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For weeks, China fanned nationalist sentiment in its escalating war of words with the Trump administration. Now, it is toning down its message and calling for a truce, as President Donald Trump increasingly makes Beijing a target in his bid for reelection in November.One after another, top Chinese diplomats have called for "peaceful coexistence" with the United States, forgoing their previous assertions that Beijing's authoritarian system is superior. Hawkish scholars are now emphasizing prospects for defusing tensions, instead of urging China to challenge U.S. military might. Journalists at state-run news outlets are limiting their direct attacks on Trump, under instructions to take a more conciliatory approach."There's a reflection that we should not let nationalism or hotheadedness somehow kidnap our foreign policy," Xu Qinduo, a commentator for China Radio International, a state-run broadcaster, said in an interview. "Tough rhetoric should not replace rational diplomacy."In toning down the rhetoric, the ruling Communist Party hopes to reduce the risk that excessive nationalism will hurt Beijing's global image or cause tensions between the superpowers to accelerate uncontrollably. China's ties with the United States are at a perilous juncture now that Trump has made assailing Beijing a focal point of his election campaign, with his administration taking a series of actions against China in rapid succession.Just in recent weeks, the Trump administration has shut down the Chinese consulate in Houston; imposed sanctions on Communist Party officials; said it would cancel the visas of some students and tech company employees; and proposed restrictions on two popular Chinese social media networks. Secretary of State Mike Pompeo has traveled abroad urging countries to band together to fight China's "tyranny."Unwilling to concede or look weak, China has responded in kind to most of the measures, closing a consulate in Chengdu and sanctioning U.S. politicians. But in rejecting Pompeo's criticisms, China's foreign minister, Wang Yi, also presented an olive branch, saying the government was ready to discuss all of Washington's concerns "at any level, in any area and at any time."Wang avoided the scathing denunciations that have come to characterize China's "Wolf Warrior" diplomacy, named after an ultrapatriotic Chinese film franchise. Only three weeks earlier, Wang had told his counterpart in Russia that the United States had "lost its mind, morals and credibility."The call for dialogue was repeated by several prominent officials, including Yang Jiechi, China's top diplomat, and Cui Tiankai, the ambassador to the United States, in recent days. On Wednesday, Le Yucheng, another senior Chinese diplomat, accused U.S. politicians of telling lies to smear China. But he also said the two countries should work to prevent relations from "spiraling out of control" over the next several months."The change is that the United States keeps attacking, and if China keeps countering, and also stops communicating while simply following along irrationally, it will probably only make the relationship worse," said Song Guoyou, an American studies expert at Fudan University in Shanghai, describing the shift in diplomatic strategy."China may be indeed sending this kind of signal intensively to the United States, saying it hopes to work with it the U.S. on issues calmly," Song said.The campaign for restraint also appears to be aimed, in part, at signaling to Trump's Democratic challenger, former Vice President Joe Biden, and others in the United States that China still sees a friendly path forward. While Chinese officials believe Biden is less volatile and caustic than Trump, many also worry that he would continue to push for harsh action against China on human rights, technology and other issues, analysts said."There's still a possibility that tensions could become even more profound, and more severe, in the future under a Democratic administration," said Shi Yinhong, director of the Center on American Studies at Renmin University.Despite the softer tone, China's underlying view that the United States is a strategic and ideological rival bent on suppressing its rise has not changed. China's leader, Xi Jinping, continues to push a forceful agenda, including a crackdown on free speech and activism in Hong Kong, even in the face of punishments by the United States. Xi's government still routinely denounces America as a bully and hypocrite.But China's aggressive moves have also triggered disputes with other countries including India, Britain, Canada and Australia. Xi may now be seeking to project a less confrontational image as China finds itself increasingly isolated."Beijing's rhetoric appears aimed at defusing the global backlash that its brash diplomacy and harsh policies have provoked," said Jessica Chen Weiss, an associate professor of government at Cornell University.As Trump has escalated his punitive campaign against China, Beijing's propaganda apparatus has worked to avoid stoking anger at home by instructing state media outlets to play down unfavorable news and limit talk of war, according to interviews with Chinese journalists.News of the closure of the U.S. consulate in Chengdu last month, a visceral symbol of the erosion of ties between the two countries, was buried in a two-sentence brief at the bottom of page three of People's Daily, the Communist Party's flagship newspaper.Trump's signing last week of two executive orders meant to restrict the use of Chinese social media apps in the United States did not even make the evening news, one of the most widely watched television programs in China.Hu Xijin, the chief editor of Global Times, a staunchly nationalistic party-run tabloid, said that he has been surprised by the speed at which ties with the United States have deteriorated. In this climate, he said, his newspaper had an obligation "not to intensify this conflict," and was trying to limit the publication of content that could rouse hatred of the American people."We stress that when the United States suppresses China, in general we would say that this is the work of the U.S. government," Hu said in an interview. "We would generally not hang these hostile intentions on all of the United States or all Americans."Still, Hu drew some criticism late last month after suggesting on his social media page that China should rapidly expand its stock of nuclear warheads to deter the United States. A prominent nuclear weapons expert, in an unusually blunt rebuke, called such talk "hype" and said its aim was to "incite dissatisfaction" with the party and the military.Tamping down frustration at the United States among ordinary Chinese may be challenging. Chinese social media sites have been awash with assertive commentaries carrying headlines such as "America will collapse this year" and "Does the United States really dare to go to war with our country?"The public generally takes a hawkish view of foreign policy, surveys have shown, favoring greater military spending and a more assertive approach to defending China's territorial claims. Beijing continues to take a tough stance on Taiwan, the self-governed island China claims as its territory, and Thursday said it had held military drills near it.In some cases, Chinese internet users have attacked scholars and journalists who have toned down their rhetoric.Jin Canrong, a professor of international studies at Renmin University, has argued previously that China should take a more assertive role in global affairs and challenge America's influence. China has the ability to destroy U.S. military bases in Asia, he has said.More recently, Jin has said China should pursue a "chess war" with the United States rather than armed conflict or a Cold War. He was criticized on Chinese social media sites for his more moderate tone.In an interview, Jin defended his views, saying the risk of an accidental confrontation was higher before the U.S. election and that China would keep a low profile. "China won't fire the first shot," he said. "We won't provoke."Even as China shifts tactics, its success could be limited. The Trump administration shows no signs of easing its efforts to dismantle decades of political, economic and social engagement with China. The State Department on Thursday said it was designating the U.S. headquarters of the Confucius Institutes, a Chinese government educational organization, as a diplomatic mission, a move China denounced as "totally unacceptable."The Trump administration is also unlikely to heed calls for a cease-fire unless Chinese officials go beyond promises of reconciliation. Beijing may need to offer concrete proposals on issues such as military tensions in the South China Sea or Xi's crackdown in Hong Kong."There's no way to maintain the avoidance of major conflict without concrete trade-offs," said Shi, the American studies expert at Renmin University.This article originally appeared in The New York Times.(C) 2020 The New York Times Company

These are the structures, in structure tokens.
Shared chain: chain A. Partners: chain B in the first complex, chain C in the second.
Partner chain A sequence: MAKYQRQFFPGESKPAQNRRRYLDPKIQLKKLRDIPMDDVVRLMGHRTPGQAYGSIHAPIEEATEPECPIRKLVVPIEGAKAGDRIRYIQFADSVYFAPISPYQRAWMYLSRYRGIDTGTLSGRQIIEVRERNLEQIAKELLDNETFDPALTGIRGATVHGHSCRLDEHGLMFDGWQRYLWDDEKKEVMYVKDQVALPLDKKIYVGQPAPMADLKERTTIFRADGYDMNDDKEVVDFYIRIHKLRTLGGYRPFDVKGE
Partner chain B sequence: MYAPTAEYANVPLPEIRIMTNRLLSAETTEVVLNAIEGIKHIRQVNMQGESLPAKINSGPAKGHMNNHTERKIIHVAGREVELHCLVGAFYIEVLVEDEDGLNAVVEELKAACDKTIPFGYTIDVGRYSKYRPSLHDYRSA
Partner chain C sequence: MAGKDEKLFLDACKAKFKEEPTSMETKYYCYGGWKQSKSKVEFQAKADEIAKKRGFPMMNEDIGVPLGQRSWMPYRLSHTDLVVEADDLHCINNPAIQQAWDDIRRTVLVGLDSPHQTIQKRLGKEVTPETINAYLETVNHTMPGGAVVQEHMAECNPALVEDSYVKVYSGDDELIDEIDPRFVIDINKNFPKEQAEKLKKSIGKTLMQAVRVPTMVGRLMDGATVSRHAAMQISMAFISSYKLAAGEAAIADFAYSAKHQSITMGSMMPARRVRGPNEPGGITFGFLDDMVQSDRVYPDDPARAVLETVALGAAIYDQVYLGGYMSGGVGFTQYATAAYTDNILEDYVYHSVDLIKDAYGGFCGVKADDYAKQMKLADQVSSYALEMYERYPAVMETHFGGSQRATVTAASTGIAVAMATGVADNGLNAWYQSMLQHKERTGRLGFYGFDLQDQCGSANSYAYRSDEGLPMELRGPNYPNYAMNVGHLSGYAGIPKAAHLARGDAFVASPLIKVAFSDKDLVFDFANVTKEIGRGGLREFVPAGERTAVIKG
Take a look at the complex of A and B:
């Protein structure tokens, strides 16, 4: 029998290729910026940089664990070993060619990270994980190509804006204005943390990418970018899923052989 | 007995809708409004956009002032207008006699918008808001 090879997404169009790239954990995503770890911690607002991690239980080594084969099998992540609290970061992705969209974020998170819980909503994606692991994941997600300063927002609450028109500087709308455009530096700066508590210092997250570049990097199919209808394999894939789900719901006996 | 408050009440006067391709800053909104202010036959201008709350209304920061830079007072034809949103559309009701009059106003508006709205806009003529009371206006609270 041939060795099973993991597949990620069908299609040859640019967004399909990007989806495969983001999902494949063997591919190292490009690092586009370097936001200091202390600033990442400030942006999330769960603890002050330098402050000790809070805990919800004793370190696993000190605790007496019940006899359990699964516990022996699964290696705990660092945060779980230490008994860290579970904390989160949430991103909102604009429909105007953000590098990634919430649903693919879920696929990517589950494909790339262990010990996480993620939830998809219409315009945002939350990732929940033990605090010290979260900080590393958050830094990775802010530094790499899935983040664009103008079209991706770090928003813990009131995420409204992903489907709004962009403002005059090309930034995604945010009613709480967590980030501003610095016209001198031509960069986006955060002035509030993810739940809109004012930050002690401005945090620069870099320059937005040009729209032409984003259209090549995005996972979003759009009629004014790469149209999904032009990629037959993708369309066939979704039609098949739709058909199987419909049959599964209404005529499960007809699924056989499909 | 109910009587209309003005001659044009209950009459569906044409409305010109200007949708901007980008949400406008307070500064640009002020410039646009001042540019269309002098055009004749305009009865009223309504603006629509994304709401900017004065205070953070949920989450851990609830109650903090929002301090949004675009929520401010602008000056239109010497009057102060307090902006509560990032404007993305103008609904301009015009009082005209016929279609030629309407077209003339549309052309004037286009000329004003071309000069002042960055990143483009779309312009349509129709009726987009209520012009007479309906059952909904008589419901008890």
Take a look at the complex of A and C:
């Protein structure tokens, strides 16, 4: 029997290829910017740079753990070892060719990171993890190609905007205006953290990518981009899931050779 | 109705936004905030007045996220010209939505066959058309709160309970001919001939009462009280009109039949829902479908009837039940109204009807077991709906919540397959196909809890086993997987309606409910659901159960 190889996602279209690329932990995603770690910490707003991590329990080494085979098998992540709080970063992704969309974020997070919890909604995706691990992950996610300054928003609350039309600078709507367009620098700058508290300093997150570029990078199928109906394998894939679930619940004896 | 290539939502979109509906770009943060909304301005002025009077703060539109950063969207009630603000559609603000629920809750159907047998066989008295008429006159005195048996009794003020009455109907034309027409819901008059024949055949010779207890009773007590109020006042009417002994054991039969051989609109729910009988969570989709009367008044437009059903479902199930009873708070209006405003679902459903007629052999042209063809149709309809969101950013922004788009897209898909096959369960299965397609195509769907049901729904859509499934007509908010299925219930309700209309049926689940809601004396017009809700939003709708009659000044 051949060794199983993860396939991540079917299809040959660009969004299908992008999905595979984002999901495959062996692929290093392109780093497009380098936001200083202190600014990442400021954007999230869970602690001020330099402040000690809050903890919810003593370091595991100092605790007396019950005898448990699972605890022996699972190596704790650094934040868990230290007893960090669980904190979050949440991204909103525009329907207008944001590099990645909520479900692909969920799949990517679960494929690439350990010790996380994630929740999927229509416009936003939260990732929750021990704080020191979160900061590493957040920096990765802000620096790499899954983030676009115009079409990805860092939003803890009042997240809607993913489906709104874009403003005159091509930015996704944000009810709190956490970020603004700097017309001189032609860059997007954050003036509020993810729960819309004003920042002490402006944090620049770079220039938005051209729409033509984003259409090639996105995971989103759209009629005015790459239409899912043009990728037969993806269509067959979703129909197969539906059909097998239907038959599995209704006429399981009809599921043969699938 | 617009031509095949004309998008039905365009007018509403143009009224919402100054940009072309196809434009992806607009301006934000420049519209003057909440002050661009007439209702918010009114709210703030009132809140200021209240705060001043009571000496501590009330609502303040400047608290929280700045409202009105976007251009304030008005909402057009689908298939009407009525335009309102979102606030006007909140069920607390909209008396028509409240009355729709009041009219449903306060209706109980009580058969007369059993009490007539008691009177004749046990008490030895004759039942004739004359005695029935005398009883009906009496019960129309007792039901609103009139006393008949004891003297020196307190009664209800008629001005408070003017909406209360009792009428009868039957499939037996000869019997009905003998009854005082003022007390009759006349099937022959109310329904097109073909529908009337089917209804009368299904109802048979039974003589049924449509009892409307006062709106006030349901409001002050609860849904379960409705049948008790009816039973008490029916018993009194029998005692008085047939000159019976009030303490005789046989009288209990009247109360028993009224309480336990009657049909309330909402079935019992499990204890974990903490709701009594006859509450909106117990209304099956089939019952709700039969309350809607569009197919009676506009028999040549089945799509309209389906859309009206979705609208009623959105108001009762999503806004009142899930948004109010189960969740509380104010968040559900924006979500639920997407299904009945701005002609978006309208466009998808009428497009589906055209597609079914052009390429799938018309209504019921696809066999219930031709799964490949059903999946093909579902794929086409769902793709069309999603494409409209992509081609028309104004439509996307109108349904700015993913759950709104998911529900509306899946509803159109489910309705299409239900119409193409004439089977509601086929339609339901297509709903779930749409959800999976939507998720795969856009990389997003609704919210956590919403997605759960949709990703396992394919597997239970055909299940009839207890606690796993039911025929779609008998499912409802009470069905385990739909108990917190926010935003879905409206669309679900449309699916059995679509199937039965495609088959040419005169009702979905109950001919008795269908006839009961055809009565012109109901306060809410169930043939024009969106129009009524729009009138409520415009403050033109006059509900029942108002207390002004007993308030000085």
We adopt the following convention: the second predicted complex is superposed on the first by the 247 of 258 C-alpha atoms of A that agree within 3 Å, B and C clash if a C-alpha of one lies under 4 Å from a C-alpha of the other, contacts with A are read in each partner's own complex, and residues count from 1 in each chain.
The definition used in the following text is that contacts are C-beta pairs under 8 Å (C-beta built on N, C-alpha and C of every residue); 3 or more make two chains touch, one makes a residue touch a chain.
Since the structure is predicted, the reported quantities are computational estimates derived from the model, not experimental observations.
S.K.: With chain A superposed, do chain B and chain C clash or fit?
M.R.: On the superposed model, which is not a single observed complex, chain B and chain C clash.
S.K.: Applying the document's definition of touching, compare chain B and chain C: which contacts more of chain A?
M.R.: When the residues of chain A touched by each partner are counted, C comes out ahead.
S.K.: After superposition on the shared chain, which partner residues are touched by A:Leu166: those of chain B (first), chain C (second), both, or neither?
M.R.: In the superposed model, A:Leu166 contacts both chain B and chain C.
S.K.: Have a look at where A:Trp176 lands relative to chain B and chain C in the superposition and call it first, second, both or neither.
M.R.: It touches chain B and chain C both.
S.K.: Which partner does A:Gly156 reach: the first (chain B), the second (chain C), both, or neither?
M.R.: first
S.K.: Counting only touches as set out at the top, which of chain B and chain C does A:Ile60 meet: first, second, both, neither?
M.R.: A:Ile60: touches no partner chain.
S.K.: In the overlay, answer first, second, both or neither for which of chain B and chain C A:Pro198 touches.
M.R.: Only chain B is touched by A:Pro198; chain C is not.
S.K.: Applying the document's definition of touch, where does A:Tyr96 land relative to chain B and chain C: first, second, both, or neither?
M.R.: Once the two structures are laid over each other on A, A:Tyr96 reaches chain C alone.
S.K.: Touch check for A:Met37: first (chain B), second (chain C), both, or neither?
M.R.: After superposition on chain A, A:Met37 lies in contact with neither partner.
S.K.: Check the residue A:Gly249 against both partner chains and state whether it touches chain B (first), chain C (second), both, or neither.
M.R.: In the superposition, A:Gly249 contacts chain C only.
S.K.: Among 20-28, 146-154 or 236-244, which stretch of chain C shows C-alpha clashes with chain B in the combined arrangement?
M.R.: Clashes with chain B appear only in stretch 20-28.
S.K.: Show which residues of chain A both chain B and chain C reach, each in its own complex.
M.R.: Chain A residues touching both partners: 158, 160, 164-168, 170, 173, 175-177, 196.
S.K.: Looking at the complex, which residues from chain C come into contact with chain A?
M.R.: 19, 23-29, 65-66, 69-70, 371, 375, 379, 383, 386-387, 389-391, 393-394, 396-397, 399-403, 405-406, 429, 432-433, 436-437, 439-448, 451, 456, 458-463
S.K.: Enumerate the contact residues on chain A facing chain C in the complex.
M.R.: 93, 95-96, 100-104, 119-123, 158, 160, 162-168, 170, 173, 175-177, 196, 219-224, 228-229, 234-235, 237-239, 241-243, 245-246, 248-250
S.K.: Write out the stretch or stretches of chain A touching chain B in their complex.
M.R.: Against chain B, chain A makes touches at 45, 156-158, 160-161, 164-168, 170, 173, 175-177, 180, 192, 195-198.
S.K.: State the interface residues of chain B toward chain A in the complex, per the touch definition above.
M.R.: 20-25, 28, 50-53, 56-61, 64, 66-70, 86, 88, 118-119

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After 102 Days COVID-Free, New Zealand’s Resurgence Highlights the Difficulties of Returning to Normal Life